As to the question, what is a Muslim? Islam is a clear and fundamentally easy religion to obey. The Qur'an says, "We will teach thee to recite the Qur'an. . .And we will make easy to thee our easy ways." (87:8). And again, "we will lay on them our easy behests." (18:87). It does not confuse its adherents with a complicated theology, and its text is clear on the duties to be performed by them. It has no priesthood, no mediators between the faithful and their Lord; the 'ulama, meaning the learned ones--the qadis (judges), muftis (exponents of the religious law), mujtahids, mullas--are not a priesthood in the Christian sense, but expounders of the law. The Muslims do not worship Muhammad (Who seems indeed to have stressed the human station of the Prophet to compensate for the Christian worship of Jesus). We read that in His lifetime "The meanest slaves would take hold of his hand and drag him to their masters to obtain redress for ill treatment or release from bondage." (Khwaja Kamal-ud-Din, The Ideal Prophet, Woking, 1925; 194). He was at everyone's disposal, "even as the river's bank to him that draweth water from it" (Muir, op. cit., 511); and this loving and trusting attitude continues, but the Qur'an forbade the Muslims to deify Him; He told them He was a "witness, and a herald...and a warner; And one who, through His permission, summoneth to God, and a light-giving torch." (Qur'an 33: 44-45). It is the one, universal God Who is worshipped in Islam; One closer to man" than his neck-vein" (50:15), and aware of all things: "no leaf falleth but He knoweth it." (6:59), and characterized by ninety-names given throughout the Qur'an, and another name, the Greatest Name, not made known at that time (asma'u'l-husna; Qur'an 7:179; 17:110; 59:24). He said, "The idols which ye invoke...can never create a single fly...and if the fly snatch anything from them, they cannot recover the same...." (Qur'an 22:72). Muhammad did not found a new religion, but renewed the one religion brought by successive holy Prophets before Him, and Who were on the same plane as Muhammad Himself (2:130).[2] The soul is immortal and accountable for its actions. The Muslims do not believe in original sin, or vicarious atonement; salvation is not only for Muslims but for the followers of all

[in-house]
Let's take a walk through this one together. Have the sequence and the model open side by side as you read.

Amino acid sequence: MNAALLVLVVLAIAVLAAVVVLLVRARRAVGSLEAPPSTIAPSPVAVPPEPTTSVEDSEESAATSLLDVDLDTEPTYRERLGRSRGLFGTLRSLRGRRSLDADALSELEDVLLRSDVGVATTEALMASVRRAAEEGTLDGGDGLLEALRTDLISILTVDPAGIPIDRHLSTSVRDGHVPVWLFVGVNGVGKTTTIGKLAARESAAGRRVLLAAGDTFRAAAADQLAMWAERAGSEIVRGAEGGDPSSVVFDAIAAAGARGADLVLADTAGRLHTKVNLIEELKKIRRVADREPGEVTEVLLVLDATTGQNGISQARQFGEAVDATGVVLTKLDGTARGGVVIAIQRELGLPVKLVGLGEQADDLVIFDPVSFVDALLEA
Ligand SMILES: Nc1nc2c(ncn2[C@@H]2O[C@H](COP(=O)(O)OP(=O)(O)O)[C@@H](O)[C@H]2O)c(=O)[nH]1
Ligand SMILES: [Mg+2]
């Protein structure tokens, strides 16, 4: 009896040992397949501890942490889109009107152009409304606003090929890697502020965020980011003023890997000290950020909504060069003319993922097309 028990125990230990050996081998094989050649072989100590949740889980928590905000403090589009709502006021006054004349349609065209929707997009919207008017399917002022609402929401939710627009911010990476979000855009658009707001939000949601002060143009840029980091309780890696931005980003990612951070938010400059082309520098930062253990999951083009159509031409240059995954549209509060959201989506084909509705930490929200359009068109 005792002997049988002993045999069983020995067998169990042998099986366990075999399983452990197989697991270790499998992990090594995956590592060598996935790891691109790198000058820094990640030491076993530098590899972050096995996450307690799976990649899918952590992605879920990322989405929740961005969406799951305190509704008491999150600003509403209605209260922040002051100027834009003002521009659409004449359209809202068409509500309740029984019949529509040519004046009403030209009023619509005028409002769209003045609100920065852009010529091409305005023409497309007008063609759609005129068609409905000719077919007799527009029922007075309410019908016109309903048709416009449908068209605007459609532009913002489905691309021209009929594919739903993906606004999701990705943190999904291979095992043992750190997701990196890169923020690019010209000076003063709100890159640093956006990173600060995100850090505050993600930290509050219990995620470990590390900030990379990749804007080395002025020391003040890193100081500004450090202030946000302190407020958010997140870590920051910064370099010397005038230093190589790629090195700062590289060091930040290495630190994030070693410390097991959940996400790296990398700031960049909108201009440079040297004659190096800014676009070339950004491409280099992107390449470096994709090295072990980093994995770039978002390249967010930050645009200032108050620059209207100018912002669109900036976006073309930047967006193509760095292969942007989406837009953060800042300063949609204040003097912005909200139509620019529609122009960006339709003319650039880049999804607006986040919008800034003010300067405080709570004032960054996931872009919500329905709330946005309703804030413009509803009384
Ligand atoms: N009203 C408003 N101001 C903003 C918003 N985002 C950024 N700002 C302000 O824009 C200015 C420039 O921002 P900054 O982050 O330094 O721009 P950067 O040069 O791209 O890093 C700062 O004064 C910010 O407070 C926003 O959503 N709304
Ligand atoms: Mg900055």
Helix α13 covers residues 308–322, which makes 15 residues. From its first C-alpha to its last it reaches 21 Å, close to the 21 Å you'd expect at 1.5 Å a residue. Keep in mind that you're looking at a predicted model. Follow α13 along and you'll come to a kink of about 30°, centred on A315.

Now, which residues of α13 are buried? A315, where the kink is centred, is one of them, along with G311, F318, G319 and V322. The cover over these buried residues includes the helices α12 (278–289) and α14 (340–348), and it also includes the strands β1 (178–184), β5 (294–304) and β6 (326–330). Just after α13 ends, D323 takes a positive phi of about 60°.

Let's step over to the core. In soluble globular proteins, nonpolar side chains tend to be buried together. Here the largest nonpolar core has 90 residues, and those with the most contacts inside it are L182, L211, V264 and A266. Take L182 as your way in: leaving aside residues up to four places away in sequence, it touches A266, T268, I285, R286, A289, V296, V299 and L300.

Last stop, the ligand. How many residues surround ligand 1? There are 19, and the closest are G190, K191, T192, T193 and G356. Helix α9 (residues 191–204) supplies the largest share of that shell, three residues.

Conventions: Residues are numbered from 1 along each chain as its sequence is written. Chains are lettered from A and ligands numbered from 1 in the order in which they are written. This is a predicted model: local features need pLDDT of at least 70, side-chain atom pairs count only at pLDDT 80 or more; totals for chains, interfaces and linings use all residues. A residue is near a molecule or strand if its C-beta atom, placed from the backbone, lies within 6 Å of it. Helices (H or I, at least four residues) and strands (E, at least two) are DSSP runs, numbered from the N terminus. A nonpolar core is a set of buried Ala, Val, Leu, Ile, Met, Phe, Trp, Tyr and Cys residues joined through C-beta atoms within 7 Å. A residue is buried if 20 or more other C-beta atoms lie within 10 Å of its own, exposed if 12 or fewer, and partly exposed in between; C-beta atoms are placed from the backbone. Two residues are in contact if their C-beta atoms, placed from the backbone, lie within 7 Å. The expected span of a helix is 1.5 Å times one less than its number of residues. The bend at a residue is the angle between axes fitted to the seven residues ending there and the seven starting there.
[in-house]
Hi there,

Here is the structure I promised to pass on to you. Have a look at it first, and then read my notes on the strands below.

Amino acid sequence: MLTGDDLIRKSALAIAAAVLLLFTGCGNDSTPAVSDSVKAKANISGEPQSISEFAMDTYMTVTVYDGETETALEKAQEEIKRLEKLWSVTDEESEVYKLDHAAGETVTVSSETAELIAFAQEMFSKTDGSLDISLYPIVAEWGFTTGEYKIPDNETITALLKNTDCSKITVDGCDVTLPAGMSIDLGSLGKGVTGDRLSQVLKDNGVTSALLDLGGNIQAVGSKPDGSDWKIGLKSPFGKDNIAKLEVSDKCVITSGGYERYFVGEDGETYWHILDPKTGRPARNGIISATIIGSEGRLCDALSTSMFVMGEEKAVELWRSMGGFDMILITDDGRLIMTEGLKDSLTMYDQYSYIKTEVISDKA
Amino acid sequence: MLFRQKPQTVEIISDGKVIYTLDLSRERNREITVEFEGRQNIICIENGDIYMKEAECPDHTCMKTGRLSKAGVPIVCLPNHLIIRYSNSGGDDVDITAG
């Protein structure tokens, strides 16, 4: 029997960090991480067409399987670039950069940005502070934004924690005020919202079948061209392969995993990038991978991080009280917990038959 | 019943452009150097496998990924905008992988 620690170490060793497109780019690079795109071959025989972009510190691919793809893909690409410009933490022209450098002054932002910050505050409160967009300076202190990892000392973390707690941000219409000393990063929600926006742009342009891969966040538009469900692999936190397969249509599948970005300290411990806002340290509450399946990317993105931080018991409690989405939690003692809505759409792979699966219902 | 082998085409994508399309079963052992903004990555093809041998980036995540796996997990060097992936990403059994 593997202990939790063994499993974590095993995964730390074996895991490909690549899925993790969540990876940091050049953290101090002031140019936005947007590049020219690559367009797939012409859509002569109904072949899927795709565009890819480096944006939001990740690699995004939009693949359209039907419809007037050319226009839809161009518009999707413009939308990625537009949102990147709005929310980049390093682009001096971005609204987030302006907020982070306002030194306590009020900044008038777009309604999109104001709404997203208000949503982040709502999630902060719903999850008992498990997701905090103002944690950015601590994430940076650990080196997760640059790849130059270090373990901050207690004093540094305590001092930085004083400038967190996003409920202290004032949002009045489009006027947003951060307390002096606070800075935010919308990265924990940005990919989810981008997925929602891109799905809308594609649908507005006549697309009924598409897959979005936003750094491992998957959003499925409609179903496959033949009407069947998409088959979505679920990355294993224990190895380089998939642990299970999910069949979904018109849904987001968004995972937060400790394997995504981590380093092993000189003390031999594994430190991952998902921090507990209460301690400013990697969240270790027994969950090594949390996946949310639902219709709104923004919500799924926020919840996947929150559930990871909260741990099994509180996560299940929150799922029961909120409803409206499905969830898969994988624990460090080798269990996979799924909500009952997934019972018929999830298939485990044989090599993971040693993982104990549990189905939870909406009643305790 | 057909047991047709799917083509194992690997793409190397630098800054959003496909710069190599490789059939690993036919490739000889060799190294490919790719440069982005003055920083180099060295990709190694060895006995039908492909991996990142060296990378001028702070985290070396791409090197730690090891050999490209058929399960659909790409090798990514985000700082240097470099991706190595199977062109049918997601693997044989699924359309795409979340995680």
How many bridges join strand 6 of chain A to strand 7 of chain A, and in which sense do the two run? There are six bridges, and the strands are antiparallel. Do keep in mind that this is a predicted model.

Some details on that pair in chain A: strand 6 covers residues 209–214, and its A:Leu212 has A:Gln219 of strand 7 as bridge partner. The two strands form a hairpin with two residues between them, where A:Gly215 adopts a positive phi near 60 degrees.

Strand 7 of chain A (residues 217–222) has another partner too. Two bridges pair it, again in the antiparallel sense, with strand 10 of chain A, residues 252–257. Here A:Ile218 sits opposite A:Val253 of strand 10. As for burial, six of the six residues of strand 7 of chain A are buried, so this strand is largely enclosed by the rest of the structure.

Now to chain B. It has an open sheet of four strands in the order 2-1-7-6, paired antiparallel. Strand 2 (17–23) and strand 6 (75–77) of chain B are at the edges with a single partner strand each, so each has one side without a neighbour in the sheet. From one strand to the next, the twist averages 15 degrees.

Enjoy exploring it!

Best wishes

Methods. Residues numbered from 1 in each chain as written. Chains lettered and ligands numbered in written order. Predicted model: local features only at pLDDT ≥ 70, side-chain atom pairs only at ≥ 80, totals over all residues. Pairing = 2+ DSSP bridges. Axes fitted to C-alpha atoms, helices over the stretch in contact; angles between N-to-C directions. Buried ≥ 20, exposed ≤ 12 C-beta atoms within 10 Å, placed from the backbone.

1. The oneness of religions is unequivocally stated: "Verily We have revealed to Thee as We revealed to Noah and the Prophets after Him, and as We revealed to Abraham, and Ishmael, and Isaac, and Jacob, and the tribes, and Jesus, and Job, and Jonah, and Aaron, and Solomon; and to David gave We Psalms." (4:161).

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previous faiths: "Verily, they who believe, and the Jews, and the Sabeites, and the Christians--whoever of them believeth in God and in the last day, and doth what is right, on them shall Come no fear, neither shall they be put to grief. (Qur'an 5:73). (The Qur'an states of unnamed Prophets, "Of other Apostles We have not told Thee." (4:162). A Zoroastrian wrote 'Abdu'l-Baha to ask why Zoroaster was not mentioned by Muhammad; the Master referred him to Qur'an 25:40 and 50:12, "those who dwelt at Rass," explaining that Rass is the Araxes River and the reference is to Zoroaster and others. Cf. Persian Tablets, published text). Islam is against aggression, permitting war only in self- defense and under well-defined conditions: "Fight in the way of God against those who attack you, but begin not hostilities, for God loveth not the transgressors." (2:186). Islam, the religion, was not propagated by the sword; to the charge that Islamic aggression was infused into medieval Christianity, the Muslims reply: "The massacres of Justinian and the fearful wars of Christian Clovis in the name of religion occurred long before the time of Muhammad." (Ameer-Ali, op. cit., 311-314). They contrast the taking of Jerusalem by the Caliph 'Umar, and its conquest six hundred years later by the Christian Crusaders; 'Umar rode into the city with the Patriarch Sophronius, conversing on its antiquities; when the hour of prayer came, he declined to pray in the Church of the Resurrection, where he then happened to be, lest in future the Muslims, claiming a precedent, should infringe the rights of the Christians to their church. This was in 637. The Crusaders dashed the brains of children against the walls, roasted men at slow fires, ripped up others to see if they had swallowed gold, drove the Jews into their synagogue and burnt them, massacred 70,000 people.